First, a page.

I saw him yesterday. He was so warm, almost too warm, and his chest was moving as if he were sleeping. But something was very wrong with his head – his head said that he wasn’t sleeping… it was a strange shape. Like it had been altered in some horrible way, like someone had taken a large piece of his skull bone and not put it back. And he smelled bad – not clean, not normal. But his fingernails were dirty, like they always were. Like he had just fiddled around under the hood of one of his cars and forgot to clean the oil out from under his nails. And when I looked at his arm, it was normal. There was nothing to indicate that his head was not normal. I held his hand and when I put my hand up to wipe my eyes, I smelled the bad smell – like his body already knew that it was dead, but the machines hadn’t yet gotten the message. And I touched his face – I never touched his face in life, but yesterday I did. There were times that I wanted to, when he was the target of my high school crush, but it passed and I never did. Until yesterday, when I said good-bye to him. His skin was bristly, like his hair was still growing since he shaved last… his hair didn’t know that he was dead either.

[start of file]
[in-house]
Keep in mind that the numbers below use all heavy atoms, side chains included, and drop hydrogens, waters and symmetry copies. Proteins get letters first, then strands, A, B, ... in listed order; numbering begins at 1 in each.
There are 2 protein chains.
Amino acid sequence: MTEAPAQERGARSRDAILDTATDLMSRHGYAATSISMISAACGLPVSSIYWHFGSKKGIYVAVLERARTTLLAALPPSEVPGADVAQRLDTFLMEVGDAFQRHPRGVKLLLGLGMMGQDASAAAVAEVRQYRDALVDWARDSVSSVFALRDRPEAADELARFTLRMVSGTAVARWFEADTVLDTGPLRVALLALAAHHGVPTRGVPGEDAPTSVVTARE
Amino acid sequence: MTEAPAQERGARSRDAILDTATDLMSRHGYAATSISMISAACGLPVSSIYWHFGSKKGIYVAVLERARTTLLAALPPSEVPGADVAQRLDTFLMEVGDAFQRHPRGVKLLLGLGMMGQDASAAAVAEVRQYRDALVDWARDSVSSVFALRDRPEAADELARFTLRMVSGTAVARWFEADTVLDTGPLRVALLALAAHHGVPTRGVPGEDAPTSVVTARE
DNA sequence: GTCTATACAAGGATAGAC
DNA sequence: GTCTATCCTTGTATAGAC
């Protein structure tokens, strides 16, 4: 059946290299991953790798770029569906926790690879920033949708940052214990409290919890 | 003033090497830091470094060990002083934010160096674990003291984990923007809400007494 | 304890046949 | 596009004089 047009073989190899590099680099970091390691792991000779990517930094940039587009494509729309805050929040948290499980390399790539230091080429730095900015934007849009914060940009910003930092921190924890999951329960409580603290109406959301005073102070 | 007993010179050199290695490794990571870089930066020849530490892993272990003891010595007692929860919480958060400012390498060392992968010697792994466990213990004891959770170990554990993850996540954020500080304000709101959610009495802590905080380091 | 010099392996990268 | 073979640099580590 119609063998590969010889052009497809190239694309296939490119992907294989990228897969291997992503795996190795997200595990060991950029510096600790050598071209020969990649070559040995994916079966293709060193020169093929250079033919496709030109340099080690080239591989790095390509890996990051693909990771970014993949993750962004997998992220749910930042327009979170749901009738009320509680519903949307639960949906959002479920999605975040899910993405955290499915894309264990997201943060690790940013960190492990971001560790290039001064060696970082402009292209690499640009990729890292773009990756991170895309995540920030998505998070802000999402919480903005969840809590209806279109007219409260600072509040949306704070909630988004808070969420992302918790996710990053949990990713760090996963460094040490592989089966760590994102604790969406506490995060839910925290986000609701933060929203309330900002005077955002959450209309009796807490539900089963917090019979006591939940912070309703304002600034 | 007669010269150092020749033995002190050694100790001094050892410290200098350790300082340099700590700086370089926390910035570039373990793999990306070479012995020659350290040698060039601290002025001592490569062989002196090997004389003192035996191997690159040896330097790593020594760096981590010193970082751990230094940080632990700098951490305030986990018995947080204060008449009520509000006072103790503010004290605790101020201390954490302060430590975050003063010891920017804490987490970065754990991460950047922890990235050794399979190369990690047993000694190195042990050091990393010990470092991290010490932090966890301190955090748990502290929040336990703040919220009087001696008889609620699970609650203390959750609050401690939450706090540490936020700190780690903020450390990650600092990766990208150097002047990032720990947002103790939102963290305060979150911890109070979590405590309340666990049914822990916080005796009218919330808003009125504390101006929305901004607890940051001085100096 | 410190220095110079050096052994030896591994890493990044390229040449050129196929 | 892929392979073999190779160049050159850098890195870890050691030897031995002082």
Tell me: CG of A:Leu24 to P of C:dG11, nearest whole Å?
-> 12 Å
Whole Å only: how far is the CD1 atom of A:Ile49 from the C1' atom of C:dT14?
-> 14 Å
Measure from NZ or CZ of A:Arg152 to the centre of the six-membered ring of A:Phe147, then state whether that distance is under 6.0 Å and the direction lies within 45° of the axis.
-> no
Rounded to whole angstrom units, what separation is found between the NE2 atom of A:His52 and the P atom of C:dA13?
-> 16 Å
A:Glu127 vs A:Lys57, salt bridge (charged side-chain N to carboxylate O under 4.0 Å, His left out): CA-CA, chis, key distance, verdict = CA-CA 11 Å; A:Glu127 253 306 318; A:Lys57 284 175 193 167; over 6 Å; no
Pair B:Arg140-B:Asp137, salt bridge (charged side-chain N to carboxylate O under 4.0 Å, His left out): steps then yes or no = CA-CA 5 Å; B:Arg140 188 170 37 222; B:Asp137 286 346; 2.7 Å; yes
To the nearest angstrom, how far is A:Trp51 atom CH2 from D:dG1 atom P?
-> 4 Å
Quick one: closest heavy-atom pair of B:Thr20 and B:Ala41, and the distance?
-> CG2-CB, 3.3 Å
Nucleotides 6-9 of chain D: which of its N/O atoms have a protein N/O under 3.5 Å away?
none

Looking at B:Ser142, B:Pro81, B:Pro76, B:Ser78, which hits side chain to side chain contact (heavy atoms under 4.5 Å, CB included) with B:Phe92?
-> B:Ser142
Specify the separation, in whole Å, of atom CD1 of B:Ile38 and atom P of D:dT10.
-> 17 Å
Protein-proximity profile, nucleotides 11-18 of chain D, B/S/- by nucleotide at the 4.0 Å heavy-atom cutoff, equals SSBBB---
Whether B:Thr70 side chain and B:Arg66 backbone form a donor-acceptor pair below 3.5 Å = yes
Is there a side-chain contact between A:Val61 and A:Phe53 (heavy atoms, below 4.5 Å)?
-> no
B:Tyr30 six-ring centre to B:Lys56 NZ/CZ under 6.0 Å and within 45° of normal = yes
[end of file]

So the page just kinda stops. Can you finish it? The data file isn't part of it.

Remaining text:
I stood by his bed and cried for a few minutes after his mother left us alone. I left and walked down the hall, but didn’t know where to go – the waiting room was somewhere and I couldn’t find it. What if he was still in there? Or what if he was just in the room, listening to those to loved him say their goodbyes, and although he couldn’t talk back, he could hear each word? If I were him and I had a choice, I would choose to be there, to hear the things that people say when they’re saying it for the last time to your body, to your face.
So I went back. The nurse came in and talked to me – she told me his story, how he was still talking when they brought him in, but that as his brain swelled more and more, he became less responsive. And that he would never be the same – even if he lived, his brain had crossed a threshold that human brains cannot cross and come back. The Chad I knew, the one that others knew, was gone. And then she left and I sat next to him.